Pablo Morales-Álvarez (Assistant Professor of Statistics and Operations Research at the University of Granada), Pablo Ruiz (data scientist at Chartboost), Scott Coughlin (computational specialist with Northwestern IT Research Computing Services at Northwestern University, United States), Rafael Molina (Professor of Computer Science and Artificial Intelligence at the University of Granada) and Aggelos K. Katsaggelos (Joseph Cummings Professor of Electrical and Computer Engineering at Northwestern University, United States) picked up the award for Best Applied Contribution in Statistics for their paper “Scalable Variational Gaussian Processes for Crowdsourcing: Glitch Detection in LIGO,” which appeared in IEEE Transactions on Pattern Analysis and Machine Intelligence. Their winning project applied a statistical method to the detection of gravitational waves, perturbations in the space-time fabric caused by violent events like the fusion of two black holes.
Jessica Rodríguez-Pereira (Ramón y Cajal researcher at the Universitat Politècnica de Catalunya), Burcu Balçık (Professor of Industrial Engineering at the University of Ozyegin, Turkey), Marie-Ève Rancourt (Professor in the Department of Logistics and Operations Management at HEC Montréal, Canada) and Gilbert Laporte (Professor Emeritus in the Department of Decision Sciences at HEC Montréal, Canada) received the award for Best Applied Contribution in Operations Research for their paper “A Cost-Sharing Mechanism for Multi-Country Partnerships in Disaster Preparedness,” published in Production and Operations Management.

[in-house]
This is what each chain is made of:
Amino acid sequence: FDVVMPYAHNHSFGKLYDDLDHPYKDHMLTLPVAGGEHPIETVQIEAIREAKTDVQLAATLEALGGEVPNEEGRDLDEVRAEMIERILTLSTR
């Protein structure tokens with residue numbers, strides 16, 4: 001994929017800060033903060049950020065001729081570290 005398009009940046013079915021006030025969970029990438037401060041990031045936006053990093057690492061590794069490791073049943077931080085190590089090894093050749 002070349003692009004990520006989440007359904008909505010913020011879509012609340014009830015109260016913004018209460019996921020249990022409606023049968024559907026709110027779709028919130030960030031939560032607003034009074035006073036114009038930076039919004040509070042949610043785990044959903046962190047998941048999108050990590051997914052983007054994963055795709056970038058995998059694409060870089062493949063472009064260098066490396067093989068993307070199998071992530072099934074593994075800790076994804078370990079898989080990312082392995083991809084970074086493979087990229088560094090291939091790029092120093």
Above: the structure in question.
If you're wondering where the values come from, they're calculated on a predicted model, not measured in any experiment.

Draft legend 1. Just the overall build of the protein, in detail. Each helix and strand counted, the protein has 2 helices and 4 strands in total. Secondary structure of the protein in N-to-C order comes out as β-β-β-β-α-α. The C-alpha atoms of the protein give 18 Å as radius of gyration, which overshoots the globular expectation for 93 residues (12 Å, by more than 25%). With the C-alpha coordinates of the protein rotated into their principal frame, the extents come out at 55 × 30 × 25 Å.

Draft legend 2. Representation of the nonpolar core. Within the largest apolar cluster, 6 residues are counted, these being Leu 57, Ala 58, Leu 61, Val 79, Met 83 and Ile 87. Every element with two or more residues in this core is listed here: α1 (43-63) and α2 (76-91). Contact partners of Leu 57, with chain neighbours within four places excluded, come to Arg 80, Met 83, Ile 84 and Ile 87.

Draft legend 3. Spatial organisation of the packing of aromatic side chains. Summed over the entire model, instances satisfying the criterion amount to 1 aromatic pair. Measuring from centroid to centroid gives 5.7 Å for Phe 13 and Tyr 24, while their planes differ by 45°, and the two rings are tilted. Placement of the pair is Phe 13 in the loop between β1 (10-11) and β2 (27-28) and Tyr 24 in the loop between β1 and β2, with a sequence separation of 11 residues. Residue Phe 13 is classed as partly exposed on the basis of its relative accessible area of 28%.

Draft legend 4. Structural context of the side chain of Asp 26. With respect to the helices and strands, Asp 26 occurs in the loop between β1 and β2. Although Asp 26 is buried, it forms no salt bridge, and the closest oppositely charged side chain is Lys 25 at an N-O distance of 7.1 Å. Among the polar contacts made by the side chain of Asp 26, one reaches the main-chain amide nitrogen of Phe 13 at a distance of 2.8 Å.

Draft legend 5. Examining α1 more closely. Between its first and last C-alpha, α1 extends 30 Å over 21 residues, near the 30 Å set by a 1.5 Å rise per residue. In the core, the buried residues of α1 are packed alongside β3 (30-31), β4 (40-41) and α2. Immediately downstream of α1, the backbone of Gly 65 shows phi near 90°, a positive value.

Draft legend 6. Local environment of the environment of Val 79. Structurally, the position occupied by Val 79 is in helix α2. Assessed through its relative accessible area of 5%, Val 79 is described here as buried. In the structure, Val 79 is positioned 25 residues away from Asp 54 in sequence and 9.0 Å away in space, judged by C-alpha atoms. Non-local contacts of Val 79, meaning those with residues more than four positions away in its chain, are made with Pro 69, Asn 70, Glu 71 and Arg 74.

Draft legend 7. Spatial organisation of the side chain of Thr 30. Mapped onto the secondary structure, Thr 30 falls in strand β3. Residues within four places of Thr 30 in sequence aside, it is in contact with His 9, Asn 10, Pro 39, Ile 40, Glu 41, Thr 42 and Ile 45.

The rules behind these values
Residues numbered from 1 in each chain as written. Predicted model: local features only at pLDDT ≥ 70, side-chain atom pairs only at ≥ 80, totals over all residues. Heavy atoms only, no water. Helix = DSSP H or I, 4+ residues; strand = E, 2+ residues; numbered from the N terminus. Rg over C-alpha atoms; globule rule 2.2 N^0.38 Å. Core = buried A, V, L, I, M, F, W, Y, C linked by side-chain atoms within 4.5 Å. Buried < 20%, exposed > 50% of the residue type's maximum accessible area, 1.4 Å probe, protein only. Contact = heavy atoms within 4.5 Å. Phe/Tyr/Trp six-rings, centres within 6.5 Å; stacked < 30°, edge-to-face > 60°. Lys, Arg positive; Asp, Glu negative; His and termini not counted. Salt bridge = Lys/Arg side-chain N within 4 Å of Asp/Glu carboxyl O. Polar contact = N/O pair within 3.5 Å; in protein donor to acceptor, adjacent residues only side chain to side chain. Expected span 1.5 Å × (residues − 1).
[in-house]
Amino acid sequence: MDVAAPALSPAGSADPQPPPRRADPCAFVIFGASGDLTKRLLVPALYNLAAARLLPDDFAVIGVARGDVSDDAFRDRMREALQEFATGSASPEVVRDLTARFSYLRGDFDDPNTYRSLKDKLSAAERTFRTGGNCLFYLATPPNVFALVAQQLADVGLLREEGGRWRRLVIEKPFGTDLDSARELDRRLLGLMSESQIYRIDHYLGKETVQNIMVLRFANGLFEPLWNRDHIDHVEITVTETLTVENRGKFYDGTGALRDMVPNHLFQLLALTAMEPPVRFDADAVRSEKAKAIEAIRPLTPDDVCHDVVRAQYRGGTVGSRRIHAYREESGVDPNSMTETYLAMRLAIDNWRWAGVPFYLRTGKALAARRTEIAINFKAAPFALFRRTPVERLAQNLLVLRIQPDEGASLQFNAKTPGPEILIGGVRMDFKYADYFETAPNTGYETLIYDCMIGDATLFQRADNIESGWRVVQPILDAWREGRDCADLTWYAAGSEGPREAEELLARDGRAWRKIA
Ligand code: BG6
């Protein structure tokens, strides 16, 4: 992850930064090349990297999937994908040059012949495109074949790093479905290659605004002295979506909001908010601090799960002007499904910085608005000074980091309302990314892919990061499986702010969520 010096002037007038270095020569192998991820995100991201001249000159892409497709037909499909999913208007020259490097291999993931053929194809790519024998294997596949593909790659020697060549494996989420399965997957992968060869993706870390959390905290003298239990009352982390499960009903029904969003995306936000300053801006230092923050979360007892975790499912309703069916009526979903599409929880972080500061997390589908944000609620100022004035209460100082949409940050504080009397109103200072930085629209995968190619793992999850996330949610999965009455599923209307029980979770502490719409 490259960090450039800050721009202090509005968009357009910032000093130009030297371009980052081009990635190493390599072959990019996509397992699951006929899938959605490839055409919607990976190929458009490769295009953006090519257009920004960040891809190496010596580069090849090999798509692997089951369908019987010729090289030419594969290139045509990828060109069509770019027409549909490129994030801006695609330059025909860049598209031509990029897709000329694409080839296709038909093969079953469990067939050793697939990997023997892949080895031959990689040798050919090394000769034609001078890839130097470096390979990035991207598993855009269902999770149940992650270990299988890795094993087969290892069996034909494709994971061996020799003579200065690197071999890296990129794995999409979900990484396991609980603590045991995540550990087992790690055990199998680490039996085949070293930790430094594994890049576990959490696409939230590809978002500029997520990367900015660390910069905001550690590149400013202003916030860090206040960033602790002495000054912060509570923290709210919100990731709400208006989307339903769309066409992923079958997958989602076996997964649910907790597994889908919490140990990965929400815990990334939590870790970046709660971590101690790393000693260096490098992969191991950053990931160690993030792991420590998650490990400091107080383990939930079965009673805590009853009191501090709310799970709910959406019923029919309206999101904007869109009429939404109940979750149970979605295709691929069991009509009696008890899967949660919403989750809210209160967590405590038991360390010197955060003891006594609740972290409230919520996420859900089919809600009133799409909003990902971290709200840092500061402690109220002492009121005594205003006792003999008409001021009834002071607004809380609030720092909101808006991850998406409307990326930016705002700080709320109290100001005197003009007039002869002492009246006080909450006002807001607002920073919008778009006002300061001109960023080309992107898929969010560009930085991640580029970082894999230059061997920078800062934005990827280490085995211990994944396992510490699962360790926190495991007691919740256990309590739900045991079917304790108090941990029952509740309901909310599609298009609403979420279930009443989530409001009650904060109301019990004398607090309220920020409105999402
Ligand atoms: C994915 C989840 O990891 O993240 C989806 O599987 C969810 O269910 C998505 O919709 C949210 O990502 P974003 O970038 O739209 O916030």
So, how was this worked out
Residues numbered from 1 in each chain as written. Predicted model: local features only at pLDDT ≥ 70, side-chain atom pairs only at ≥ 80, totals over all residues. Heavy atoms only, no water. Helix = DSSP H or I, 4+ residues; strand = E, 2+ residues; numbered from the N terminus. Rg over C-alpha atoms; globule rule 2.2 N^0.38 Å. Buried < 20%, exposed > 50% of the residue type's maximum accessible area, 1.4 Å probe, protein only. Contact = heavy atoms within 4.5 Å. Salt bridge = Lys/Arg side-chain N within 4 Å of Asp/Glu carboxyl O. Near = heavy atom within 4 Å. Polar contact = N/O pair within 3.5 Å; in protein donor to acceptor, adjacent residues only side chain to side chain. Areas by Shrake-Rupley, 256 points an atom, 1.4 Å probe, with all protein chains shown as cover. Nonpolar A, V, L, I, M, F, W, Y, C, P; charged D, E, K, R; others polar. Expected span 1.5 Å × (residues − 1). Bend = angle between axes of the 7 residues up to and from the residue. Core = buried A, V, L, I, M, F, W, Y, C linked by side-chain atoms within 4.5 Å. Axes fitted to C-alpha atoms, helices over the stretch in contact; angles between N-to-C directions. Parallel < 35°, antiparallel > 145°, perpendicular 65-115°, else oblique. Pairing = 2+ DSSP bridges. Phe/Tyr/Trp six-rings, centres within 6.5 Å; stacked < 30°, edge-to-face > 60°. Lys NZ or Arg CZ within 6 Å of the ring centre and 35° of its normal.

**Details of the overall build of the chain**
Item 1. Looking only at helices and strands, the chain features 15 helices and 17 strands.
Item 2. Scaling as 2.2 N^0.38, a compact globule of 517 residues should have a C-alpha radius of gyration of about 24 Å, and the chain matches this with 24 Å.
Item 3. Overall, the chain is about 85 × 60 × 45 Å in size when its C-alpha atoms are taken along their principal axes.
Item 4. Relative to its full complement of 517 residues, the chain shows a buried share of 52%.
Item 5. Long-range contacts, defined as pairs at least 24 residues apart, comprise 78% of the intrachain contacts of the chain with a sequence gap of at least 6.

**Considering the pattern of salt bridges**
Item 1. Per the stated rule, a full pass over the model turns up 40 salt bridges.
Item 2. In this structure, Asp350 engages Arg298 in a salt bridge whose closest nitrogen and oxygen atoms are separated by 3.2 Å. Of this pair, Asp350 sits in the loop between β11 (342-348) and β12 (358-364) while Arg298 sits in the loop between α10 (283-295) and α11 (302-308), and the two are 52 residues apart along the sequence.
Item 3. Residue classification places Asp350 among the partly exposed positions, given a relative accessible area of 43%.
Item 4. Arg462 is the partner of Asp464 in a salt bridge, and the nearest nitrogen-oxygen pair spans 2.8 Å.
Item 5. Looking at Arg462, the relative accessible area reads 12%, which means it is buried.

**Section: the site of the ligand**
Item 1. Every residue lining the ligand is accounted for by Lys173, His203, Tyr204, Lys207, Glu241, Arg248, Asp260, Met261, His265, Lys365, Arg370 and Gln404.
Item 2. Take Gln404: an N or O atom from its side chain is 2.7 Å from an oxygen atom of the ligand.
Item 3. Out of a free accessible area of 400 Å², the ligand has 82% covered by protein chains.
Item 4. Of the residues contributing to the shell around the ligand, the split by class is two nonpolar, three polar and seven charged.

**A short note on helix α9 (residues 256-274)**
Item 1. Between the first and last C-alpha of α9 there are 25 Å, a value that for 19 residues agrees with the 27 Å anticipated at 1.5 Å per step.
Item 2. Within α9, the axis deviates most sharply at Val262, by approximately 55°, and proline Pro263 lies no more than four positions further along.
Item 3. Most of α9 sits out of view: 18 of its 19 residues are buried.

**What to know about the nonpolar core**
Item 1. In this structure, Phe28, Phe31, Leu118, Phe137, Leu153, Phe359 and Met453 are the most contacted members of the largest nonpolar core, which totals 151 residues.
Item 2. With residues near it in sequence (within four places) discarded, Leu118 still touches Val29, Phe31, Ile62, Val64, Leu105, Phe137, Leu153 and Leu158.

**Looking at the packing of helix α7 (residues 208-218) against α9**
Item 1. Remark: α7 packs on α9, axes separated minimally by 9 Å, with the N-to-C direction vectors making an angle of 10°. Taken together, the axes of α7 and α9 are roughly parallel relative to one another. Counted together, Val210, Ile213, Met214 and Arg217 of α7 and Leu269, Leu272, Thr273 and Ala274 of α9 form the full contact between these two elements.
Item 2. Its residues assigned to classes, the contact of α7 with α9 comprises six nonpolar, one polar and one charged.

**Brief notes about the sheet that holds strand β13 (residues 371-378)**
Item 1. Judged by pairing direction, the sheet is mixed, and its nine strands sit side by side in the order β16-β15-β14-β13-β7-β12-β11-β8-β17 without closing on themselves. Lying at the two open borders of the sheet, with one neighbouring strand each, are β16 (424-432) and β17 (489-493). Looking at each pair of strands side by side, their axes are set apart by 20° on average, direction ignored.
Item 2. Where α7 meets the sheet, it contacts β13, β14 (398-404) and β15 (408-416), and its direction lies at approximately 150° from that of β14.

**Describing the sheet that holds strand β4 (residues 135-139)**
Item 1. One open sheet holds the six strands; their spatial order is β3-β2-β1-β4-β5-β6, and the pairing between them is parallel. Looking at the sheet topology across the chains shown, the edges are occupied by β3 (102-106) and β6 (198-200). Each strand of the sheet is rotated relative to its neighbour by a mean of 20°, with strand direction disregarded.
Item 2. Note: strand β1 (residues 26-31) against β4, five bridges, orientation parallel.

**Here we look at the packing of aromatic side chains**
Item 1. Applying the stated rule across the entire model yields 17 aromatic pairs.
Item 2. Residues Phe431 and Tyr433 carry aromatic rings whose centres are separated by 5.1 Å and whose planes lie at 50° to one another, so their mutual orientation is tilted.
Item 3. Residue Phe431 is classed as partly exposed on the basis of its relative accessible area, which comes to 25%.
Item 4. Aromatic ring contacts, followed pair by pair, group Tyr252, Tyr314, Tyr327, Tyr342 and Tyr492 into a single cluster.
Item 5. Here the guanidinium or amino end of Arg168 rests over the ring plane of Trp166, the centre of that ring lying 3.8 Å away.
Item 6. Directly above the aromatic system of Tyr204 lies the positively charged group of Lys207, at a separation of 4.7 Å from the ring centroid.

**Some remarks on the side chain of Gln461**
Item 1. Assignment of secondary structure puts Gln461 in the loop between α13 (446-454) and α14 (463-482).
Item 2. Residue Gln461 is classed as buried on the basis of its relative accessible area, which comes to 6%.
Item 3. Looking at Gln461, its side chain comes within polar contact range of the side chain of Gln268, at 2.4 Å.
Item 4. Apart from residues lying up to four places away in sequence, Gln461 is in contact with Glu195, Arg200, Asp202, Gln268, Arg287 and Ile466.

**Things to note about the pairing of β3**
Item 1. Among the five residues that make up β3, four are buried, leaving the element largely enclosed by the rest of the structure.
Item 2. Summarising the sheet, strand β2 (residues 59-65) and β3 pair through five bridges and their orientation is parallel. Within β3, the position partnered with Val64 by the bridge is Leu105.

Finally, the award for Best Contribution in Statistics and Operations Research applied to Data Science and Big Data was presented to the team formed by Andre Groeger (Ramón y Cajal researcher at the Universitat Autònoma de Barcelona), Hannes Mueller (tenured scientist in the Institute for Economic Analysis of the Spanish National Research Council), Jonathan Hersh (Associate Professor of Economics and Management Science at Chapman University, California, United States), Andrea Matranga (Associate Professor of Business at Chapman University, California, United States) and Joan Serrat (Associate Professor of Computer Science at Universitat Autònoma de Barcelona), for the article “Monitoring War Destruction from Space Using Machine Learning,” published in Proceedings of the National Academy of Sciences. The project in question marked a qualitative advance in the assessment of war destruction, with its authors proposing a machine learning algorithm that compares satellite images obtained over time to generate data on war destruction of unprecedented accuracy, frequency and coverage.
2023 SEIO Medallists
The ceremony was also the occasion for the SEIO to present its annual medals to two towering figures in Statistics and Operations Research in honor of their academic careers: Ramón Álvarez-Valdés Olaguíbel, Professor of Statistics and Operations Research at the University of Valencia, for his outstanding and ongoing contributions in Operations Research, his leadership in building teams and mentoring research groups, and his pioneering endeavors in results transfer to industry; and, posthumously, Francisco Javier Girón González-Torre, who died in May 2023, formerly Professor of Statistics and Operations Research at the University of Malaga. Girón González-Torre, a member of the Royal Academy of Physical, Exact and Natural Sciences, received the accolade for the excellence and rigor of his research in Statistics, as well as for his scientific leadership, creative vision, professional honesty and generosity with students and professional colleagues.
A revolution that could pose a threat to democratic systems